Rising rates will mean it takes longer to pay back a given credit card balance, experts said. As the payback period stretches out and the cost of interest climbs, a given debt burden will become harder to repay -- meaning it carries higher risk for the lender. Consequently, terms of credit will tighten up, and people who are used to low-rate offers could be cut off from cheap credit.
What took five years to pay back goes maybe to six -- it's clearly detrimental to the consumer.
|-- Robert Falk
Purdue Federal Credit Union
One prediction is that cheap balance-transfer deals will get less cheap -- to the discomfort of people who are accustomed to parking balances at 0 percent in return for a fee. Riley, the research director at CEB TowerGroup, said he expects balance transfer options will tighten as rates begin to climb.
"There are two ways to tweak it -- shorten the term of the introductory rate or maybe not carry over at 0 percent," he said.
In fact, interest-free periods have already shown signs of shrinking. In CreditCards.com's 2014 balance transfer survey, the longest 0-percent introductory period available was 18 months, compared to a 21-month maximum from several issuers in 2012. And while the typical balance transfer fee remains around 3 percent, some issuers are bumping up the fee after an introductory period -- meaning higher costs if you move another balance on the card after the initial transfer.
Tips for battling
The good news is that there's probably at least a year before the interest bite begins on monthly balances.
"Even when rates begin to rise, we anticipate it will be a very slow and gradual process," said Keith Leggett, vice president and senior economist for the American Bankers Association. When they do, it will mean the economy is healthier, so rising incomes should help make higher financing costs more affordable, he said.
However, he notes, "Financial circumstances are not evenly distributed across the population -- there are always people who are going to have issues."
With many households treading close to the financial edge, budget counselors recommend using the time to whittle down balances and expenses, and doing what you can to lock in lower rates now. If the squeeze causes missed payments, the penalty interest rates levied by card companies will dwarf any increase the Fed has in mind. Most cards impose rates between 23 percent and 30 percent for making more than one late payment on a credit card balance.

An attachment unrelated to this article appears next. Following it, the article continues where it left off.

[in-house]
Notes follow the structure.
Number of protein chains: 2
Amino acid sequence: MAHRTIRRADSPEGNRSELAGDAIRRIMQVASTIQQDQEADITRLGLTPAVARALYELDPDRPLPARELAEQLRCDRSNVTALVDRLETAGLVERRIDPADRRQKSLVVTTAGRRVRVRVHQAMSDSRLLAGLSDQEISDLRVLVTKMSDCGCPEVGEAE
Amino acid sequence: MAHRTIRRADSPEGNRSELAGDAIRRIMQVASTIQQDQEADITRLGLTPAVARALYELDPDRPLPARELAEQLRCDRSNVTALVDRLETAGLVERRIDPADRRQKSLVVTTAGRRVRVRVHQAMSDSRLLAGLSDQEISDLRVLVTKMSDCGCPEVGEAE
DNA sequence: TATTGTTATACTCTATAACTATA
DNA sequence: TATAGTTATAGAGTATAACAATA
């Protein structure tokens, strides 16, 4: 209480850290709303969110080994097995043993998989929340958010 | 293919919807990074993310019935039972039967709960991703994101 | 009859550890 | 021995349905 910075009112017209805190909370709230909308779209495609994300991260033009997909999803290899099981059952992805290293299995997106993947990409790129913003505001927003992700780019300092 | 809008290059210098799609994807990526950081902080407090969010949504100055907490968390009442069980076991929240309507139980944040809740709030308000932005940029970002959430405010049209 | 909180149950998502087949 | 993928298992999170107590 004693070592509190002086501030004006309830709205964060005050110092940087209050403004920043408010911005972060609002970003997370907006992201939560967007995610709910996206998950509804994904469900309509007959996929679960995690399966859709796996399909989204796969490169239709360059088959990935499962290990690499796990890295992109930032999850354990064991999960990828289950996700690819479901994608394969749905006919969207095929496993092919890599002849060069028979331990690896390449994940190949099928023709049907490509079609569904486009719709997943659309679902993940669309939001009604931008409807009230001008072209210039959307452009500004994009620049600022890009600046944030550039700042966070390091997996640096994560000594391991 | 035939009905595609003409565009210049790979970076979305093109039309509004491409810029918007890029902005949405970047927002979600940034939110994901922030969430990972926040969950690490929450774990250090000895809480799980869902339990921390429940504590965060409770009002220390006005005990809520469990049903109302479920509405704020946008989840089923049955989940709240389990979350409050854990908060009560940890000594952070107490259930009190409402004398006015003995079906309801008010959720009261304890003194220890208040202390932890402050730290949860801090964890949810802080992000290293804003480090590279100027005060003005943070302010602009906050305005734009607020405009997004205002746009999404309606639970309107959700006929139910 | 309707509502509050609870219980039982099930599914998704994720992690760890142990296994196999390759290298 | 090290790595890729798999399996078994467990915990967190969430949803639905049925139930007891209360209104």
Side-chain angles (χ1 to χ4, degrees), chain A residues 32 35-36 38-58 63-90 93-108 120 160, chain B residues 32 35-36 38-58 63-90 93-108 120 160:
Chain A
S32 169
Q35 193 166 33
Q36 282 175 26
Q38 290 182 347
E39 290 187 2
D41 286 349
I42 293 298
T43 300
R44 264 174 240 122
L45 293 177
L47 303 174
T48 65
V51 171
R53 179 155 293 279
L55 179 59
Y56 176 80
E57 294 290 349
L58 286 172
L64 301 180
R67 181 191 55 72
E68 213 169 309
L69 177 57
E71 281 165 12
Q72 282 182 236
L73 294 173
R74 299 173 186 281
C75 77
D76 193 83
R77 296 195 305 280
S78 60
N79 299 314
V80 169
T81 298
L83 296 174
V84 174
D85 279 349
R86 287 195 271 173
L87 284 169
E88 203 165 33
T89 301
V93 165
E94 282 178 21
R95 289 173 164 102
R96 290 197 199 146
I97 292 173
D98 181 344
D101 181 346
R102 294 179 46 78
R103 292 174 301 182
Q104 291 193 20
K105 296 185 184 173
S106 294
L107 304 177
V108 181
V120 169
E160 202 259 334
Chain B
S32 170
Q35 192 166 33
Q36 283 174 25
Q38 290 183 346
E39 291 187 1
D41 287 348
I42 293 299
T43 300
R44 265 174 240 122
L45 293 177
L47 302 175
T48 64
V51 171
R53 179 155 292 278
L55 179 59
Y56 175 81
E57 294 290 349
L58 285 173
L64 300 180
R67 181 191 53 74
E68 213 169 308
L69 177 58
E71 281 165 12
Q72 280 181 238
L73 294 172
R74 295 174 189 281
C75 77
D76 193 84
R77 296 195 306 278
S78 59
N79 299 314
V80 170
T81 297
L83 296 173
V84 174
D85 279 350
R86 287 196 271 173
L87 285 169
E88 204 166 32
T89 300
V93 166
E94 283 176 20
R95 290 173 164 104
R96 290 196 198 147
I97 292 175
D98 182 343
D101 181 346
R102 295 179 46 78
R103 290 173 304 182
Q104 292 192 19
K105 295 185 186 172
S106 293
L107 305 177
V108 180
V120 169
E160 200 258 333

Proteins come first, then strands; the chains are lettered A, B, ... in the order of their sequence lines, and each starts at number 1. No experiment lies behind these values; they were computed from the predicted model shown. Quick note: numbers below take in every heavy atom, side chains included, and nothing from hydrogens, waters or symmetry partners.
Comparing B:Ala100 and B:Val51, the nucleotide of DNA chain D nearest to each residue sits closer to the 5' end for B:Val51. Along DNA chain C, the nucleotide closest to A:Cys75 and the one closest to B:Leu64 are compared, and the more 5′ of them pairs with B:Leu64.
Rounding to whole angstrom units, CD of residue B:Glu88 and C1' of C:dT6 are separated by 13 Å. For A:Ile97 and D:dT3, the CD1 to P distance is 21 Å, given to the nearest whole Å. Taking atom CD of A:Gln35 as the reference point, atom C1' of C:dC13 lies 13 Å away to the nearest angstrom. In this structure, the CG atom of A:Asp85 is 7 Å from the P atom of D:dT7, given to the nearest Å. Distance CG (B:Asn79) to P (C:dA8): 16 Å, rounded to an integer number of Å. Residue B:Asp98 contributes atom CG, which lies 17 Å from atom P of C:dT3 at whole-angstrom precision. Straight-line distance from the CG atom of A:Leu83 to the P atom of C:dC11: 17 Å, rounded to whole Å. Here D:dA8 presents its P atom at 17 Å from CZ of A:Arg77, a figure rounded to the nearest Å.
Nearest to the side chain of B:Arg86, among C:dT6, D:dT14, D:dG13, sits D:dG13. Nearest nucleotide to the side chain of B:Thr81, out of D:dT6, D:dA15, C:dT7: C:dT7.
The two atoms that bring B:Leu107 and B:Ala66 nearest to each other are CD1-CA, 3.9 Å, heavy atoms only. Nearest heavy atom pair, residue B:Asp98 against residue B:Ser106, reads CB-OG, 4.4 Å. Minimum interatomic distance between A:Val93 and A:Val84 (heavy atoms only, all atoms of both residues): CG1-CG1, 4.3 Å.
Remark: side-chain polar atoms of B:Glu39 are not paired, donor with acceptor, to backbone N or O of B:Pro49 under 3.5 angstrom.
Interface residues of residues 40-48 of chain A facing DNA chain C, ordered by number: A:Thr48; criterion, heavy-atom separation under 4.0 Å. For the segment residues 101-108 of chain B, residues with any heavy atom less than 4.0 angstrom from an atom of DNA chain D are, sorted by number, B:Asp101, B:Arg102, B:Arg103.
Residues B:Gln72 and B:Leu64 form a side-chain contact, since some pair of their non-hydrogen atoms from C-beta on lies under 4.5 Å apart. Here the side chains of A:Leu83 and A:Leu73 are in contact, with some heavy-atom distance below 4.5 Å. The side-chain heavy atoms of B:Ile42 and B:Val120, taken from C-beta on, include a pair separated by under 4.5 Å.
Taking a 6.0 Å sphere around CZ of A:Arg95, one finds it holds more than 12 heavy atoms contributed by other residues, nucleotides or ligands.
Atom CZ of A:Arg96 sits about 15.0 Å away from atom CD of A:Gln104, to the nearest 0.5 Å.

According to a survey by the Consumer Federation of America completed Feb. 2, households have less financial cushion than they did in 2010. Sixty-four percent of respondents said they have an adequate rainy day fund to cope with emergencies such as doctor bills or car repairs, down from 71 percent four years earlier.
"One-third of households are not saving at all ... They're also the group most likely to be carrying burdensome debt," said Stephen Brobeck, executive director of the consumer federation.
Financial circumstances are not evenly distributed across the population -- there are always people who are going to have issues.
Economist, American Bankers Association
Switching to a fixed-rate card is not an easy solution. An analysis of 1,600 credit card agreements filed with federal regulators shows that fewer than 100 offer fixed rates on general purpose cards, and most are from credit unions with limited fields of membership. Purdue Federal in West Lafayette, Ind., for example, has 63,000 members, most of them with ties to Purdue University.
CEO Falk expects that Purdue's fixed-rate card will come into fashion when big issuers start raising their APRs. Some issuers will move a balance onto a fixed-rate repayment plan as part of a negotiated arrangement, debt counselors said.
But for the majority of households that do not have access to fixed-rate cards, Falk suggests moving revolving debt to a term loan. A "fully amortizing" term loan, which is paid off within a set number of monthly installments, carries a repayment discipline that credit cards lack.
"Every month you're paying down some principal, guaranteed," he said.
No easy fixes
Counselors offered no magic bullet for clearing away debt, just the difficult work of cutting discretionary expenses such as travel, entertainment and eating out, while reviewing harder-to-cut utilities and other monthly bills.
"People can normally start making changes to their budget in 30 to 60 days," said Johnson at Clearpoint. However, he expects most families that need to overhaul their budget will get serious about it only when the squeeze hits home.
"A lot of people don't think of how the card is a variable rate -- it's been set for such a long period," he said. "It's not that they're not paying attention -- people just have lives."
|WHAT A 1-POINT INCREASE WOULD COST|
|How paying off a credit card balance will change when interest rates rise from 13 percent -- the current average rate on cards with balances -- to 14 percent.|
|Paying the minimum*:||At 13%||At 14%||How much more?|
|Time to pay $3,000 balance:||13 years, 4 months||13 years, 6 months||2 more months|
|Time to pay $10,000 balance:||23 years, 4 months||23 years, 6 months||2 more months|
|Paying over 5 years in equal monthly payments:||At 13%||At 14%||How much more?|
|Monthly payment on $3,000 balance:||$69||$70||$1|
|Monthly payment on $10,000 balance:||$228||$233||$5|
|*Assumes minimum payments of 1 percent of the balance plus interest, with a minimum dollar amount of $25 per month.|
Earlier story: Variable interest rate cards replace fixed-rate cards
Updated: April 11, 2014